Top Pick Of The Week

August 11, 2009

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Raspberry Jam

Raspberry jam, made from ripe local fruit at the peak of the season. All photography by Hannah Kaminsky | THE NIBBLE.

WHAT IT IS: Small batch artisan condiments: chutneys, conserves, jams, salsas and more.
WHY IT’S DIFFERENT: Made from fresh seasonal produce grown on Long Island and in the greater New York area.
WHY WE LOVE IT: Some incredible products are done to perfection (see photo above).

Paumanok Preserves
Page 2: Savory Gelées & Conserve

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Paumanok Preserves

When you look at the offerings at Paumanok Preserves, you would think that Joan Bernstein never sleeps. How could such a tiny artisan operation produce so many chutneys, fruit butters, jams, marmalades, pepper jellies, salsas, sauces, savory jellies and wine jellies?

If passion is a motivator, you can taste it in every jar. We tasted only a dozen or so of the 40 or so products she has lovingly handcrafted, but were immediately enthralled with the more unusual items.

Because, with 40 well-made products, you have to make hard selections somewhere. So we’ll leave you to select your favorite jams and jellies. If you’re a strawberry-rhubarb fan or a cherry marmalade connoisseur, those probably have your name on them. And you’ll want to give the limited edition Golden Raspberry Jam a try, if there’s any left to be had.


Onion Conserve
The splendid Incredible Onion Conserve is not being self-promoting; one taste and you’ll be piling on the superlatives, too. Serve it with eggs, meat and fish, put it on a sandwich, make gourmet pizza.

When Joan Bernstein’s family first started to farm on Long Island, there were few commercially bottled foods such as jam on the shelves of local grocery stores, and out-of-season produce wasn’t transported from the other hemisphere—it was canned. Housewives still made their own jelly and preserves—no easy task, it’s still tricky stuff! But mastering the craft is just part of the formula; you still need the great produce and recipes to produce great products. Paumanok Preserves has fully solved the equation.

But today, we’re going to guide you to the savory products, our favorite wine jelly and a memorable chutney and salsa, so that you can experience, as we did, the absolute joy of preserved food as one rarely stumbles across it.

Savory Jellies & Conserve

Who says that you have to put fruit jelly on your morning toast? If you like onions, garlic and horseradish, why not put those jellies—wisely called here by the French word, gelée, so as to expand the creative possibilities in the mind of the consumer—to work, morning, noon and night?

The savories are both sweet and savory, like pepper jelly is sweet and hot, so they provide the sweetness one seeks on one’s morning bread, as well as some substantive flavor. By the same token, they provide an excellent garnish to hot and cold meats and seafood: on a sandwich, atop a chop or fish fillet, as a condiment on a plate (where they glisten, jewel-like—see the photo on Page 1).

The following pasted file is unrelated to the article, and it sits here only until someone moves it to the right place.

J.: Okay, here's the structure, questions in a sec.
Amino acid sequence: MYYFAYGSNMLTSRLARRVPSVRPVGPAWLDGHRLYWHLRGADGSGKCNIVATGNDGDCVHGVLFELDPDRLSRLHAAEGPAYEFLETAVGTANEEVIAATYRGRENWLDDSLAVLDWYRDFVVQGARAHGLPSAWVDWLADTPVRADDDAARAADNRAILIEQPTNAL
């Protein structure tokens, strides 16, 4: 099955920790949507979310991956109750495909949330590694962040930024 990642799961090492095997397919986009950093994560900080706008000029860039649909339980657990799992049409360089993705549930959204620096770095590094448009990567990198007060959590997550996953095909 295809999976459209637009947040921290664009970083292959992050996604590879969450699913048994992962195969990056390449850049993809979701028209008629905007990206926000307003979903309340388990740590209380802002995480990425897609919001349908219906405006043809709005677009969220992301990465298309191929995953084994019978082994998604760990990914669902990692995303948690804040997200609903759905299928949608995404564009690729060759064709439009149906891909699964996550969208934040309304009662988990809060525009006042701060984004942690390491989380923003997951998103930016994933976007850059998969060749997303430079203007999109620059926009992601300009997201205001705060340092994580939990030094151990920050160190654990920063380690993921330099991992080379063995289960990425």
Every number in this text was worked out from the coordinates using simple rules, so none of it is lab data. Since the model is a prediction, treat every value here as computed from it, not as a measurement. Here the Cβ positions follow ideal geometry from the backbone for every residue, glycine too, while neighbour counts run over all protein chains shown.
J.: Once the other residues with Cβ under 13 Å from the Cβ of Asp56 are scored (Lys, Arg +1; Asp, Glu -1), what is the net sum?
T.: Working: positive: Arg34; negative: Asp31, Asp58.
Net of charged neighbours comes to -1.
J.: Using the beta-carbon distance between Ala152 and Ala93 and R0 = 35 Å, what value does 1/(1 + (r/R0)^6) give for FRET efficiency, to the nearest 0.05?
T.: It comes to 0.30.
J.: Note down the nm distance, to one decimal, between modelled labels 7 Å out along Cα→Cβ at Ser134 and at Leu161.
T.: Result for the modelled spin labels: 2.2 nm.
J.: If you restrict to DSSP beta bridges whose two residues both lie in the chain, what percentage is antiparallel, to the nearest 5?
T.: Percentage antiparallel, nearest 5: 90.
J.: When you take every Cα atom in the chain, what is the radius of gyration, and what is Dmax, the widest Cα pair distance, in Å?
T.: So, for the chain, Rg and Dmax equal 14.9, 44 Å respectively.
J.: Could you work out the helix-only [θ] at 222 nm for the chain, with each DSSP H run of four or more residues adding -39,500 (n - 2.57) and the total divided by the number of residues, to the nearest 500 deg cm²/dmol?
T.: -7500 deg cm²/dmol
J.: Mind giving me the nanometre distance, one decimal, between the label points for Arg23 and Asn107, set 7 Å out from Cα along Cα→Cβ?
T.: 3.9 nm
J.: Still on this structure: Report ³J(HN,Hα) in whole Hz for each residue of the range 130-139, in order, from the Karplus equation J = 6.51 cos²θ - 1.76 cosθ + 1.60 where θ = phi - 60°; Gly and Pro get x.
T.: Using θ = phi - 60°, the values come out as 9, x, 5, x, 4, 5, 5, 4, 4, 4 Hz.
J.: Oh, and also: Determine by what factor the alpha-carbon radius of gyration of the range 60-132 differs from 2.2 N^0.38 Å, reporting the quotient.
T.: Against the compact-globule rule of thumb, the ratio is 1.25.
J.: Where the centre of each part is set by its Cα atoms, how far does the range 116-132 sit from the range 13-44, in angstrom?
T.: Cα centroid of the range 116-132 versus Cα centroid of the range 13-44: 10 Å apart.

Gracious Garlic Gelée, Haughty Horseradish Gelée (actually, it’s as gracious as the garlic) and Incredible Onion Conserve are among our favorite products of the year. (For the difference between a gelée, or jelly, and a conserve, check our Jam & Jelly Glossary.)

  • Gracious Garlic Gelée is an elegant expression of garlic (you can kiss to your heart’s delight after eating it)—a bit of sweetness, a bit of vinegar, a lot of fresh garlic flavor, and magical citrus undertones, although there is no citrus involved. Use as a bread spread (it will give new meaning to “garlic toast”), stir it into mayonnaise for a sauce or sandwich spread, serve it as a condiment with anything from grilled vegetables and steamed asparagus to mashed and roasted potatoes—or slip some into the top of a baked potato.
Garlic Gelee
Gracious Garlic Gelée adds shimmer and shine on the palate as well as to the eye.
  • Haughty Horseradish Gelée, ditto. You’ll love it on roast beef, poultry and ham sandwiches,  by itself or layered with Dijon mustard.
  • Incredible Onion Conserve, ditto. Caramelized sweet onions with caraway seeds will turn any sandwich into something that would win a Top Chef Quickfire Challenge and get added to Tom Colicchio’s menu at ‘Witchcraft. Just the scent of it is a pleasure; the crunchy texture adds an extra layer to heaven. At breakfast, this conserve rocks with the ham and eggs as well as the toast. You can spread it on top of grilled protein like a savory frosting, or dribble it on a white pizza. It has so many uses—you can spoon it into tiny tart shells for hors d’oeuvres or mix it with egg yolks to make awesome deviled eggs—that we wonder why there isn’t more onion conserve available on specialty store shelves.

Don’t deny yourself the pleasure. These connoisseur condiments go with almost any food you can name (O.K., maybe there are better matches for pasta, but we’d serve them with just about anything else, including rice and potatoes).

Continue To Page 3: Chutney, Conserve & Salsa

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